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Tuesday, May 11, 2021

‘Criminal Queers’ premieres at the Pickford Film Center

It is like “Prison Break” all over again, but this time it is Lucy Parsons and her gang of transgender activists who are breaking out.

After seven years, assistant professor in time-based art Chris Vargas and group of fellow artists finally finished their film “Criminal Queers,” which premiered on Thursday, Jan. 21, at the Pickford Film Center.

“Criminal Queers” is an hour-long film exploring the prison abolition movement, which seeks to find a more effective solution to imprisonment, through the lens of the transgender and queer community.

This film is a sequel to Vargas and Stanley’s first film that came out in 2006, “Homotopia.” Both films center on topics relating to the transgender community.

“It was a lot of people’s first introduction to queers being critical of marriage as an activist project,” Vargas said. “ We saw how fruitful conversations can be, often combative but also really productive.”

The goal of “Criminal Queers” is to grow the transgender/queer community’s collective liberation by working to eliminate the ways their genders, desires and hearts are confined, according to Vargas’ website.

The film follows a group of friends  working to rescue their friend Lucy Parsons from wrongful imprisonment, while also liberating all transgender and queer people from the terrible conditions of the prison system.

Stanley and Vargas toured their first film, starting conversations about the gay marriage rights movement that was very prominent at the time, Vargas said.

“I love art, but I love art most when it is political. Most art is political. Even if it’s not political it’s making some type of statement,” Vargas said.

Vargas said once the gay marriage topic started, it was the only conversation people were having.

The movie is the first in a series of transgender films to be shown at the theater.

Vargas and life partner Greg Youmans, assistant professor of English, organized “Criminal Queers” as part of their series called “The Queen’s Vernacular,” which will present a new film once a month.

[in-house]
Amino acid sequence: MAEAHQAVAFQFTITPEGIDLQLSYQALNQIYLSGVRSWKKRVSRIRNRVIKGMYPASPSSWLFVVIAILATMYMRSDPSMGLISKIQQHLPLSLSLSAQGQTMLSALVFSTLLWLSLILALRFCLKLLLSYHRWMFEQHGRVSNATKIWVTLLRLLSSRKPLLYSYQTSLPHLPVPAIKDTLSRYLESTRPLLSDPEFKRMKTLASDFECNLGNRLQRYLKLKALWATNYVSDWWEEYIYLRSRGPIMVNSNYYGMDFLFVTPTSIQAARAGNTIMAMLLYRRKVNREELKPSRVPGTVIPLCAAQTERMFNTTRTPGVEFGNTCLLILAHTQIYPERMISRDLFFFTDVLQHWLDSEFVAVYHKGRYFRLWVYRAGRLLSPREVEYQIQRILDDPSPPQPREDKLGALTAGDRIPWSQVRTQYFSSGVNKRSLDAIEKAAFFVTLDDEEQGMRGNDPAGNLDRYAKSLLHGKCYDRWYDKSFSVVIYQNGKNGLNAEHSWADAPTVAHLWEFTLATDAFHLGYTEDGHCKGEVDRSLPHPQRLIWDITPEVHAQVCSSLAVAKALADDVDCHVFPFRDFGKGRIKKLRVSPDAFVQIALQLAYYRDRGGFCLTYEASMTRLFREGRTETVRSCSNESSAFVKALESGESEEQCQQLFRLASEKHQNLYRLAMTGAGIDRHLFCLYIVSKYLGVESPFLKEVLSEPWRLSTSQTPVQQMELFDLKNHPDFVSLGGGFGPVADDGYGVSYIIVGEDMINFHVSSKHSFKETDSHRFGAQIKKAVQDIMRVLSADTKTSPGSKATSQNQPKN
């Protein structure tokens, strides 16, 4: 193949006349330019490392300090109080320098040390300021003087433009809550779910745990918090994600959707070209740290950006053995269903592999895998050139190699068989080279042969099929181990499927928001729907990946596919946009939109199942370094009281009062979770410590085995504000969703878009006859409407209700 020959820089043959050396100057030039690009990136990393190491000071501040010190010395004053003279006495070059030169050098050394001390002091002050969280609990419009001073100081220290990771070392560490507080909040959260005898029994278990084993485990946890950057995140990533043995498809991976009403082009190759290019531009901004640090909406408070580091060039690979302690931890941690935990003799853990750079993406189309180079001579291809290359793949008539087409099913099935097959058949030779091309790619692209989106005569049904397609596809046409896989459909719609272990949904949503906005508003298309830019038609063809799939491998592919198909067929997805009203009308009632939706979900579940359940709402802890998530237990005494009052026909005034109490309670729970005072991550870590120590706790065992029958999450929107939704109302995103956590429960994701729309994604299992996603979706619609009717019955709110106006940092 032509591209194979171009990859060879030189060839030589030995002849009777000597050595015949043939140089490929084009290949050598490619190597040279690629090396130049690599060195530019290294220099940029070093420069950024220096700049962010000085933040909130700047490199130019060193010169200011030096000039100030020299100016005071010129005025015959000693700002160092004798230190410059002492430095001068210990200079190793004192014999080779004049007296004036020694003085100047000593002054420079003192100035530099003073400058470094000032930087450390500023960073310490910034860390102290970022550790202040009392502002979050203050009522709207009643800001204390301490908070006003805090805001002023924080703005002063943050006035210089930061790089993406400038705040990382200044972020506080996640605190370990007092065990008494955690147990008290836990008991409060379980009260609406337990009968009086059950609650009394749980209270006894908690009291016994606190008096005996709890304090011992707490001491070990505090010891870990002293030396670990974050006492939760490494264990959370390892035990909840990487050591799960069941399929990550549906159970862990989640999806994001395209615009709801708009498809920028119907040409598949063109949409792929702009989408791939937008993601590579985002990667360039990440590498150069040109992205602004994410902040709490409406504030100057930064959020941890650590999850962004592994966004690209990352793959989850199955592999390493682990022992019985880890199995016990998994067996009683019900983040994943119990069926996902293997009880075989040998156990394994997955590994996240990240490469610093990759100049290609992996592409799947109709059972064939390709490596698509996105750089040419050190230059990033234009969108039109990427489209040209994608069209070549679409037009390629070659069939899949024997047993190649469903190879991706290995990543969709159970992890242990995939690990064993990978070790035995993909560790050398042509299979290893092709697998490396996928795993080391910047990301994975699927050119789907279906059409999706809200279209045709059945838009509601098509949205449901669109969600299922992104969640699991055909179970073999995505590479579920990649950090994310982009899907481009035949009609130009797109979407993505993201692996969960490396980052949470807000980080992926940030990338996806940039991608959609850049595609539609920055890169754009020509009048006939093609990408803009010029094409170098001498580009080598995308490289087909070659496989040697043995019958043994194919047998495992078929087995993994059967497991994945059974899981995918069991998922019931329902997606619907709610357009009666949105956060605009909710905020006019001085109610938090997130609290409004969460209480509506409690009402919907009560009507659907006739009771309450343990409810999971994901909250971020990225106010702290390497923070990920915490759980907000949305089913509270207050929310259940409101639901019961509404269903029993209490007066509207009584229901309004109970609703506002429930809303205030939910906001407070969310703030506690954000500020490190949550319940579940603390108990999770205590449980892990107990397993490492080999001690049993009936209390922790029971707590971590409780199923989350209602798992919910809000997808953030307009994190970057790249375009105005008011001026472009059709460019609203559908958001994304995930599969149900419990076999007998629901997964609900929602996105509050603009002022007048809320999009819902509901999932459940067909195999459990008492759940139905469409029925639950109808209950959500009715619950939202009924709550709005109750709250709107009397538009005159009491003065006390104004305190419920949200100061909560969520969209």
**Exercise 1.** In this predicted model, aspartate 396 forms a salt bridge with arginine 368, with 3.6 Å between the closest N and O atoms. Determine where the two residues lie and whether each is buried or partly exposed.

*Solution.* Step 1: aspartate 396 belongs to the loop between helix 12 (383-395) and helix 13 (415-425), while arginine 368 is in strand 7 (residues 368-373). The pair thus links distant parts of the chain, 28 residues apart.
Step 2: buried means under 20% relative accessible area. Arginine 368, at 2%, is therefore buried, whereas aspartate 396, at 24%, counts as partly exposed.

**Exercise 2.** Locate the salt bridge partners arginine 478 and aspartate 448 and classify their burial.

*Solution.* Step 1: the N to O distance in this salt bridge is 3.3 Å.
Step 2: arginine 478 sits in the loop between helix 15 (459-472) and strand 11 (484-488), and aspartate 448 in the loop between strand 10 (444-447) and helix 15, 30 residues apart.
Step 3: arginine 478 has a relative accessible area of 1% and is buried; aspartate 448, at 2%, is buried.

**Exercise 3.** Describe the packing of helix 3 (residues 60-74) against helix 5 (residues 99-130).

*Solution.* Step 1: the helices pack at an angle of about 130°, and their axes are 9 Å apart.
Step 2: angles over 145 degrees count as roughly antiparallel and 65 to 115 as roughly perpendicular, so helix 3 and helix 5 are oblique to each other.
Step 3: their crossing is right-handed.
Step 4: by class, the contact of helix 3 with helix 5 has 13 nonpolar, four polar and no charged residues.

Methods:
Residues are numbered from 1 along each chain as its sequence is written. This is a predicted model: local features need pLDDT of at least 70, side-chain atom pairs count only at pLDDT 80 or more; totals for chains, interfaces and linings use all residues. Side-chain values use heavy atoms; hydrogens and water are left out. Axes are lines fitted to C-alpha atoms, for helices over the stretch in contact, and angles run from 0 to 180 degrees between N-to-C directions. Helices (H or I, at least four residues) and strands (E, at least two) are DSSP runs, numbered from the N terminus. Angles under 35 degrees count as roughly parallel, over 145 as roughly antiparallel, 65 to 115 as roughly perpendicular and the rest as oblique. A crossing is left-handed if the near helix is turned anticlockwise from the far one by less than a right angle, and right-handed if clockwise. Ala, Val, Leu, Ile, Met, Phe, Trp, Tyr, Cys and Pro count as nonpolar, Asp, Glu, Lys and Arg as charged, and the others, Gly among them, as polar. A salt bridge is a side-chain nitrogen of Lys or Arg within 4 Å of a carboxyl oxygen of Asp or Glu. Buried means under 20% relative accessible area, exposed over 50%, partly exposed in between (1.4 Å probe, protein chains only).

Vargas and Youmans will be selecting a new transgender/queer film for every month to be shown at the Pickford. Vargas said he hopes to start accepting submissions from filmmakers to be played in the series.

Youmans starred in the film and wrote his own monologue, he said.

They were open to input from people who were involved, as they were putting it together and reformulating it as it went, Youmans said.

“It was a film that was responding to political events unfolding at the time it was being made, things would shift as the world shifted,” he said.

The film had a rough aspect to it as Vargas said he was not interested in the “polished Hollywood style.”

He was inspired by filmmaker John Waters, Vargas said.

“[Waters’] early films were really low budget and campy and trashy, and he made it with all his friends in Baltimore,” Vargas said.

“Criminal Queers” was made over so many years that the filmmakers would meet prison abolition activists and would want to add them in. It was a non-professional production, Vargas said.

Senior Tristan Olson is a creative writing major and attended the film for a class assignment.

The film presented itself in a fun and easy way, it took a look at the transgender community but it is the humor everyone is going to be able to recognize, Olson said.

Olson said he could relate to the theme of activism presented in the film.

“We showed a lot of rough cuts of [the film]. When we showed it [in 2009] we didn’t have an ending,” he said.

Vargas said his favorite place in Bellingham is the Pickford. It’s been so supportive of the film, he said.

“Politics can circulate in all kinds of conversations, but there is great potential in art to creating how information is talked about or delivered,” Vargas said.

*Editors Note: This article was updated from a previous draft that incorrectly stated that Greg Youmans was Chris Vargas’ film partner instead of life partner.


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